The epidemic of chronic kidney disease: Looking at ageing and cardiovascular disease through kidney-shaped lenses

F. Mangione, A. Dal Canton

Research output: Contribution to journalArticle

Abstract

In recent years, a 'silent' chronic kidney disease (CKD) epidemic has been proposed by many authors. The 'outbreak' is because of the inclusion of a large proportion of the elderly population within stage 3 CKD according to the Kidney Disease Outcomes Quality Initiative staging system. Unfortunately, this does not take into account the fact that renal function normally declines with age; in addition, the Modification of Diet in Renal Disease formula used to calculate glomerular filtration rate underestimates renal function in the elderly. Because population preventive strategies need a precise definition of the target for screening, a more accurate tool to detect CKD in the general population is required. Considerable interest in CKD has been generated by the evidence that predialysis CKD is associated with increased risk of cardiovascular disease (CVD). Such an association per se does not imply that CKD is a causal determinant of CVD. As CKD has been detected particularly in elderly individuals, it is tempting to speculate that an association may exist between age and cardiovascular outcomes in patients with CKD. Furthermore, the definition of CKD is a nosographic simplification that includes diseases with different causes and pathogenetic mechanisms. The aetiologies of renal diseases can affect cardiovascular outcomes, and the two major causes of end-stage renal disease, diabetes mellitus and hypertension, indeed do so. These findings point to a need for a better definition of CKD to optimize the allocation of healthcare resources and to clarify the nature of the association between CKD and CVD.

Original languageEnglish
Pages (from-to)449-455
Number of pages7
JournalJournal of Internal Medicine
Volume268
Issue number5
DOIs
Publication statusPublished - Nov 2010

Fingerprint

Chronic Renal Insufficiency
Lenses
Cardiovascular Diseases
Kidney
Population
Diet Therapy
Resource Allocation
Kidney Diseases
Glomerular Filtration Rate
Chronic Kidney Failure
Disease Outbreaks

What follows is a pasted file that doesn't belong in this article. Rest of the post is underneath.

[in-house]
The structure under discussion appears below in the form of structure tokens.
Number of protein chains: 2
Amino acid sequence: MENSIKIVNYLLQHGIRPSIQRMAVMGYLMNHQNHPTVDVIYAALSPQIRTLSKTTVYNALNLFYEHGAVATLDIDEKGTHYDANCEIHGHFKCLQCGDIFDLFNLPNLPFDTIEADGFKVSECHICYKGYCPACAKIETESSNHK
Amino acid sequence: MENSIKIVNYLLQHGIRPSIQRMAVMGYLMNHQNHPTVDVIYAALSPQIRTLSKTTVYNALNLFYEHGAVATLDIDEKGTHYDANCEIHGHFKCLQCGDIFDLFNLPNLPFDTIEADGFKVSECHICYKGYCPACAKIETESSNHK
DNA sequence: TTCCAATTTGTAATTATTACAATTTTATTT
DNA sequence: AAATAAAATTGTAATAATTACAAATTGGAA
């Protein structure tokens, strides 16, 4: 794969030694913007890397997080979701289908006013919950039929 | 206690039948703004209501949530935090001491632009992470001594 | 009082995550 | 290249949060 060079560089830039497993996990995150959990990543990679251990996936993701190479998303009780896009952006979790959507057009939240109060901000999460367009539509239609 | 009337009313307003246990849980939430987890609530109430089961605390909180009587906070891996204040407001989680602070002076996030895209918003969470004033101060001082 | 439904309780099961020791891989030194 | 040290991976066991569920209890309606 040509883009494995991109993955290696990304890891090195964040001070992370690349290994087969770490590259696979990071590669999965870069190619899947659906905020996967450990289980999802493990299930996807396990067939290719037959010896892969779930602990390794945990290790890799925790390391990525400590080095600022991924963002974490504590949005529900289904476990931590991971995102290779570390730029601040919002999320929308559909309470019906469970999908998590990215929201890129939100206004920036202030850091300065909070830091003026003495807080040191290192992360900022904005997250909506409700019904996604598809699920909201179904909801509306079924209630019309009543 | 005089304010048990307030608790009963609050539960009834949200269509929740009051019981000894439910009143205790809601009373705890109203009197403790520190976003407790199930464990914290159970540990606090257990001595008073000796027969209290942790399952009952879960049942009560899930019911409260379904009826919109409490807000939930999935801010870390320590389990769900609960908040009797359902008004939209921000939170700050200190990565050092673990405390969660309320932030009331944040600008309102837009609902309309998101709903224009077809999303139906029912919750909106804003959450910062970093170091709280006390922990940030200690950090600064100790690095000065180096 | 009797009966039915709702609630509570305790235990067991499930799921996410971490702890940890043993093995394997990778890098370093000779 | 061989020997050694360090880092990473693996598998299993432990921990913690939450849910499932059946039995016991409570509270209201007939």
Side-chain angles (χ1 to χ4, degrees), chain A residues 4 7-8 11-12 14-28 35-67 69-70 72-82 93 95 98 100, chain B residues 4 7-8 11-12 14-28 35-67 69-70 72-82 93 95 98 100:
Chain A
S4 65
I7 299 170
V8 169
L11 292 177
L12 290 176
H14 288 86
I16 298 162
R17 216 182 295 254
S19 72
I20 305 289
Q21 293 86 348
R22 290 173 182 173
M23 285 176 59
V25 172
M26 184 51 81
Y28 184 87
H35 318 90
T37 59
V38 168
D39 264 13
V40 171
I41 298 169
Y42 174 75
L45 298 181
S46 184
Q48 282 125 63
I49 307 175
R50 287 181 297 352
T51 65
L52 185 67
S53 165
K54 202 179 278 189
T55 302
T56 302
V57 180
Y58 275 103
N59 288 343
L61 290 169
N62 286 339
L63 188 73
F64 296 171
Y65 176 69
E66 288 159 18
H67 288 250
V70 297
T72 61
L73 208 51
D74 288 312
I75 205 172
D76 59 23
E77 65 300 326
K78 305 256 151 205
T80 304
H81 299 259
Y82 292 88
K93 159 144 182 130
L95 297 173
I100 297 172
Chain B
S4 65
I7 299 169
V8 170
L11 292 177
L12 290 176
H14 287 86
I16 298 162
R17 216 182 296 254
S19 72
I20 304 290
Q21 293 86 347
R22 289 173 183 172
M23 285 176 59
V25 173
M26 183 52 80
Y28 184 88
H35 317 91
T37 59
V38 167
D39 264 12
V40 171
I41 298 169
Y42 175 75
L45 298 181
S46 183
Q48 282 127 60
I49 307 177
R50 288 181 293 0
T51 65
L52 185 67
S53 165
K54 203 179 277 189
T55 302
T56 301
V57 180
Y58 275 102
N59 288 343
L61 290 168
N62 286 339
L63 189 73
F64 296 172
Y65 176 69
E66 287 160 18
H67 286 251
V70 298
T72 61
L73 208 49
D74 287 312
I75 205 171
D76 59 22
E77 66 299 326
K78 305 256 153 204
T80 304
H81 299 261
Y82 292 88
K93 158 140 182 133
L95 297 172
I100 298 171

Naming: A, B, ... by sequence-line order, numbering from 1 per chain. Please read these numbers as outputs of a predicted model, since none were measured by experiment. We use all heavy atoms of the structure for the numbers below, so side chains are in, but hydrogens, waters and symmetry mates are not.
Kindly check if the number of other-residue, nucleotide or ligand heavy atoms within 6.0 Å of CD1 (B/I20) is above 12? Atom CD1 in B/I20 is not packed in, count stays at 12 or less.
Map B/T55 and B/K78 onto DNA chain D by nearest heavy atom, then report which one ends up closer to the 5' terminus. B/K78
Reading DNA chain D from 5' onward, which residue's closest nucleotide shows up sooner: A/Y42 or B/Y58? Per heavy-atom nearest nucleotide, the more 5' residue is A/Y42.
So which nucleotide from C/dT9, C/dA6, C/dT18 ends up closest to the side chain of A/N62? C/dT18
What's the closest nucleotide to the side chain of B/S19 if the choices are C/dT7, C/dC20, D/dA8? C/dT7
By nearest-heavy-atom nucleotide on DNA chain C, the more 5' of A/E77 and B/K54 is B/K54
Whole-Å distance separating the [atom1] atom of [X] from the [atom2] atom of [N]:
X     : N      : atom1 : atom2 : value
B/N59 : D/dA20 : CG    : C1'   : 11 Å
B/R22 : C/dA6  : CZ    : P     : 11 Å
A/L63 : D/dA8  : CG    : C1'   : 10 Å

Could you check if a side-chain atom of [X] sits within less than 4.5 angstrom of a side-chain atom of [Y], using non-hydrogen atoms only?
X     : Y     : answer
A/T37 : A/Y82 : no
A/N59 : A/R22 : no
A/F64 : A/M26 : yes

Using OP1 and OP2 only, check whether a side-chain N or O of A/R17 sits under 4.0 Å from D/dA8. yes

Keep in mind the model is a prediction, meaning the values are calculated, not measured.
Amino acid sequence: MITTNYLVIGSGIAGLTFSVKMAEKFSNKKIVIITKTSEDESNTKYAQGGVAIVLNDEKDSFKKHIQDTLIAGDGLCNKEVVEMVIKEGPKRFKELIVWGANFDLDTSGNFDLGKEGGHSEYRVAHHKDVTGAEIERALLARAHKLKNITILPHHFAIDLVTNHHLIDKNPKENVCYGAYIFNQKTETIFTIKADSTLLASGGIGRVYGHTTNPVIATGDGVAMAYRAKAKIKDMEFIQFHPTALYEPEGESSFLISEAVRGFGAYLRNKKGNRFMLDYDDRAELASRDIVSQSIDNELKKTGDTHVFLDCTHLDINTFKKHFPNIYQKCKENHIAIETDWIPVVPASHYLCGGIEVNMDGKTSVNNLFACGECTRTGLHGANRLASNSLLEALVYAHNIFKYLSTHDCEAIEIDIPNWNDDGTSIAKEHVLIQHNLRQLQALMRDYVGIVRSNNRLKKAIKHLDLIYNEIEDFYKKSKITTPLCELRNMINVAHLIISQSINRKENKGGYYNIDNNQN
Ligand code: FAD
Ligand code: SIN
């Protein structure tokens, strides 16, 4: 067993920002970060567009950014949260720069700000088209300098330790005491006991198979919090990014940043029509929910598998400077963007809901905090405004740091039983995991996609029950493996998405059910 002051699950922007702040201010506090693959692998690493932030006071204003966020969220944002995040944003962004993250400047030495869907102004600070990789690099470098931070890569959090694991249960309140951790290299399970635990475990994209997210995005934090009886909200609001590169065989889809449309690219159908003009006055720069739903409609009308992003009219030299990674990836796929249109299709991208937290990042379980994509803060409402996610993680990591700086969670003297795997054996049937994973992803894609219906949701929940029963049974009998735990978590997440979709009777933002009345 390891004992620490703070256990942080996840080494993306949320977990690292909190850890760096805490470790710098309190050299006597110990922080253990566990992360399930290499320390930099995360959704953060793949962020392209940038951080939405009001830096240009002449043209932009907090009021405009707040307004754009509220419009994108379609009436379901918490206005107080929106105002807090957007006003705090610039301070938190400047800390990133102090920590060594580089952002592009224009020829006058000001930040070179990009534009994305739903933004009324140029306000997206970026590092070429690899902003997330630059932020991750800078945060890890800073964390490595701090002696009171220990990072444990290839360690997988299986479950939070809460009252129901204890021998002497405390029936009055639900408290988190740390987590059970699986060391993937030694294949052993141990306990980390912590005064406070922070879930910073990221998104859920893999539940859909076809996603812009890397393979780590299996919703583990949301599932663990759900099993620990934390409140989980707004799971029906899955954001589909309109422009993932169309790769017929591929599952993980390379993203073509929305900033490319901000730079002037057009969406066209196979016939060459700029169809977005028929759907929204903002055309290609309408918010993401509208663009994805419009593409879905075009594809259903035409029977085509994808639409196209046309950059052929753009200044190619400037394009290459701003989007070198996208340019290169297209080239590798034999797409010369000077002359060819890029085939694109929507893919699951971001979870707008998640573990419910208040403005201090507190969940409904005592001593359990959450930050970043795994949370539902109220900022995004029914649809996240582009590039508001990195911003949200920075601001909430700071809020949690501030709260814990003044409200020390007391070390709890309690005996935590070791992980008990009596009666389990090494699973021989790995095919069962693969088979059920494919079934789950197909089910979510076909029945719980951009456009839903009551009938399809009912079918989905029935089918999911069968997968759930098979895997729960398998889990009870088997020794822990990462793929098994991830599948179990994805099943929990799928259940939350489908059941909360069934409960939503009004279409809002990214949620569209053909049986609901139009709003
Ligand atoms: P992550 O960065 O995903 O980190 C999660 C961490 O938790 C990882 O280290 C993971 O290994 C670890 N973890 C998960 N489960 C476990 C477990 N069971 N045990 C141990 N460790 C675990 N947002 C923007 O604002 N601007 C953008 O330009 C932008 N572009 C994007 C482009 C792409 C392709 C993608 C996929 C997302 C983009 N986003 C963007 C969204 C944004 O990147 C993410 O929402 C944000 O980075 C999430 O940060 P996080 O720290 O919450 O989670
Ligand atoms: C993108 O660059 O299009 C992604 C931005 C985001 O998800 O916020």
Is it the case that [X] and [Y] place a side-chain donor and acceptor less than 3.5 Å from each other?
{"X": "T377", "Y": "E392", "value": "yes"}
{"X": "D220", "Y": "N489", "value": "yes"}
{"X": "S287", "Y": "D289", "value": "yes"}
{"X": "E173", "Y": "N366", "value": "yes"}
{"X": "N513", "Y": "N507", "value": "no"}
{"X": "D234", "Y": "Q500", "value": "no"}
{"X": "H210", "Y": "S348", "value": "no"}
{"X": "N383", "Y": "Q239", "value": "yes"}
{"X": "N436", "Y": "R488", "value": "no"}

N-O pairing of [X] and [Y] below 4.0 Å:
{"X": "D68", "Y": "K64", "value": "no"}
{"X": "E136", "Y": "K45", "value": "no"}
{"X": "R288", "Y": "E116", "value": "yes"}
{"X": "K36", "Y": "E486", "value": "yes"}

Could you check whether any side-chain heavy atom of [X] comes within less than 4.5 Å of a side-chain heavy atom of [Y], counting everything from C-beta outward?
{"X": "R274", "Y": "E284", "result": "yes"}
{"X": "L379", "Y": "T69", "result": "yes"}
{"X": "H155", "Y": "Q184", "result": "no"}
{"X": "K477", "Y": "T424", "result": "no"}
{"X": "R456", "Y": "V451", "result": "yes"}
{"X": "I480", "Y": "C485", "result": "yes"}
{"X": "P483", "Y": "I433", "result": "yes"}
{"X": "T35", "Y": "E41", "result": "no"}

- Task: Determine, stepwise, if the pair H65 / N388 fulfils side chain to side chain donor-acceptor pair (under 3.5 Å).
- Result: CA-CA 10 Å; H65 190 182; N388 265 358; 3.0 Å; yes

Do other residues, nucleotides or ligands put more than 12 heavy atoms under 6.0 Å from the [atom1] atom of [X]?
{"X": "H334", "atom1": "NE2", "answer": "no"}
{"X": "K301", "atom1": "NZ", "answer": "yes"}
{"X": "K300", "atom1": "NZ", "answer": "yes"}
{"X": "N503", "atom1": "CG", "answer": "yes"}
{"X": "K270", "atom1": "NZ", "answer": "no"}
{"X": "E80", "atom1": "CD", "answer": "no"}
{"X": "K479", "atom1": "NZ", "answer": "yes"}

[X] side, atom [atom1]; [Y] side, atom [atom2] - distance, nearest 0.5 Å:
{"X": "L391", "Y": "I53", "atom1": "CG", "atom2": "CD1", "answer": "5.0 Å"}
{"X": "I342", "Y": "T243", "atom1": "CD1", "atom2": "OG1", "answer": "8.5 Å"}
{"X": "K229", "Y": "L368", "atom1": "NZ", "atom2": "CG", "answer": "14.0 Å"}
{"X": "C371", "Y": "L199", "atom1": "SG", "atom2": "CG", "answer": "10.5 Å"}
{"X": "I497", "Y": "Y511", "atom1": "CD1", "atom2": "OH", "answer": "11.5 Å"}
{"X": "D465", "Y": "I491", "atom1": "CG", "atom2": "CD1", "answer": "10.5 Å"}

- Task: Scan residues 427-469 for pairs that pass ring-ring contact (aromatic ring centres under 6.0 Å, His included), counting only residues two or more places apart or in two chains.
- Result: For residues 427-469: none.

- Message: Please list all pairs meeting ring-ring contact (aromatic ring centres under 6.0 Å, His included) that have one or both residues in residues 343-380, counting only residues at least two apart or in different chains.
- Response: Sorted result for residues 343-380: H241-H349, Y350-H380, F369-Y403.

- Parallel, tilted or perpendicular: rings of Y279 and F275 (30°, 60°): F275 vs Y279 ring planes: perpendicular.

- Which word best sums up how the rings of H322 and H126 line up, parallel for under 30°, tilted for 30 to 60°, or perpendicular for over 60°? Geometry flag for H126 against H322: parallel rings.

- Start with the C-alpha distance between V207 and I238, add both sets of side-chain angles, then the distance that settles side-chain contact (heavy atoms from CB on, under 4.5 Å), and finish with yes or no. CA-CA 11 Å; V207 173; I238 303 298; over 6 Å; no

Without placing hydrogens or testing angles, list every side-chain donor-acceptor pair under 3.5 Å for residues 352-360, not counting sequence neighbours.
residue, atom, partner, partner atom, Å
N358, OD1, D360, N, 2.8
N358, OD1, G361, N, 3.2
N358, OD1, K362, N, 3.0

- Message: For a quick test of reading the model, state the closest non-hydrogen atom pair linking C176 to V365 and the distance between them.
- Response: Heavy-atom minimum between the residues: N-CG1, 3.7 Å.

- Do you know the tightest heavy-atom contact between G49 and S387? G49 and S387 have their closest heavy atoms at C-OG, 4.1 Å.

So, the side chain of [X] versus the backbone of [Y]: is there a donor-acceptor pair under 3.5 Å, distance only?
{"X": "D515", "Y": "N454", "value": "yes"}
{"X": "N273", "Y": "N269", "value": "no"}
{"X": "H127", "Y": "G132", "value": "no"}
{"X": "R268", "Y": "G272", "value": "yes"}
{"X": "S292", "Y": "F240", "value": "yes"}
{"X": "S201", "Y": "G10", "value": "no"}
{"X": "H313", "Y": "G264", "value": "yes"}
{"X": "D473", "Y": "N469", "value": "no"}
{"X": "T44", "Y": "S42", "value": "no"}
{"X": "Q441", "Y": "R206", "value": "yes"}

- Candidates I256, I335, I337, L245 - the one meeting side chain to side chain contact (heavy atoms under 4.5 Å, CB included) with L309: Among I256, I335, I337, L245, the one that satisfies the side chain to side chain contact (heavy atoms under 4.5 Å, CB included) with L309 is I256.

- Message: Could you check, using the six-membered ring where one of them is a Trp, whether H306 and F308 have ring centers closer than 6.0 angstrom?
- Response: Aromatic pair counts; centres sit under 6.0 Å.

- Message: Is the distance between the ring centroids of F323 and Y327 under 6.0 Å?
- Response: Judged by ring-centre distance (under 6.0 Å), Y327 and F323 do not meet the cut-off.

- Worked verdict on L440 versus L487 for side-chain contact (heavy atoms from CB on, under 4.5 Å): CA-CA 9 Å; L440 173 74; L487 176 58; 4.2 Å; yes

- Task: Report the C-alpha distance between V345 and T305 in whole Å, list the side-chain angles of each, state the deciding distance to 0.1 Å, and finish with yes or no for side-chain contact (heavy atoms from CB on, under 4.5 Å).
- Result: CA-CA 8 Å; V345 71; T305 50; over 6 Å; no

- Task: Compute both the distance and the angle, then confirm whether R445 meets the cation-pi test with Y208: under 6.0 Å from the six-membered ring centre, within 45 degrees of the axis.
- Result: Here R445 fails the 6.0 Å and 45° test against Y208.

Diabetes Mellitus
Hypertension
Delivery of Health Care

Keywords

  • Ageing
  • Atherosclerosis
  • Cardiovascular disease
  • Chronic kidney disease

ASJC Scopus subject areas

  • Internal Medicine

Cite this

The epidemic of chronic kidney disease : Looking at ageing and cardiovascular disease through kidney-shaped lenses. / Mangione, F.; Canton, A. Dal.

In: Journal of Internal Medicine, Vol. 268, No. 5, 11.2010, p. 449-455.

Research output: Contribution to journalArticle

@article{15ea028e6b6e41c5b61758d7d91246b3,
title = "The epidemic of chronic kidney disease: Looking at ageing and cardiovascular disease through kidney-shaped lenses",
abstract = "In recent years, a 'silent' chronic kidney disease (CKD) epidemic has been proposed by many authors. The 'outbreak' is because of the inclusion of a large proportion of the elderly population within stage 3 CKD according to the Kidney Disease Outcomes Quality Initiative staging system. Unfortunately, this does not take into account the fact that renal function normally declines with age; in addition, the Modification of Diet in Renal Disease formula used to calculate glomerular filtration rate underestimates renal function in the elderly. Because population preventive strategies need a precise definition of the target for screening, a more accurate tool to detect CKD in the general population is required. Considerable interest in CKD has been generated by the evidence that predialysis CKD is associated with increased risk of cardiovascular disease (CVD). Such an association per se does not imply that CKD is a causal determinant of CVD. As CKD has been detected particularly in elderly individuals, it is tempting to speculate that an association may exist between age and cardiovascular outcomes in patients with CKD. Furthermore, the definition of CKD is a nosographic simplification that includes diseases with different causes and pathogenetic mechanisms. The aetiologies of renal diseases can affect cardiovascular outcomes, and the two major causes of end-stage renal disease, diabetes mellitus and hypertension, indeed do so. These findings point to a need for a better definition of CKD to optimize the allocation of healthcare resources and to clarify the nature of the association between CKD and CVD.",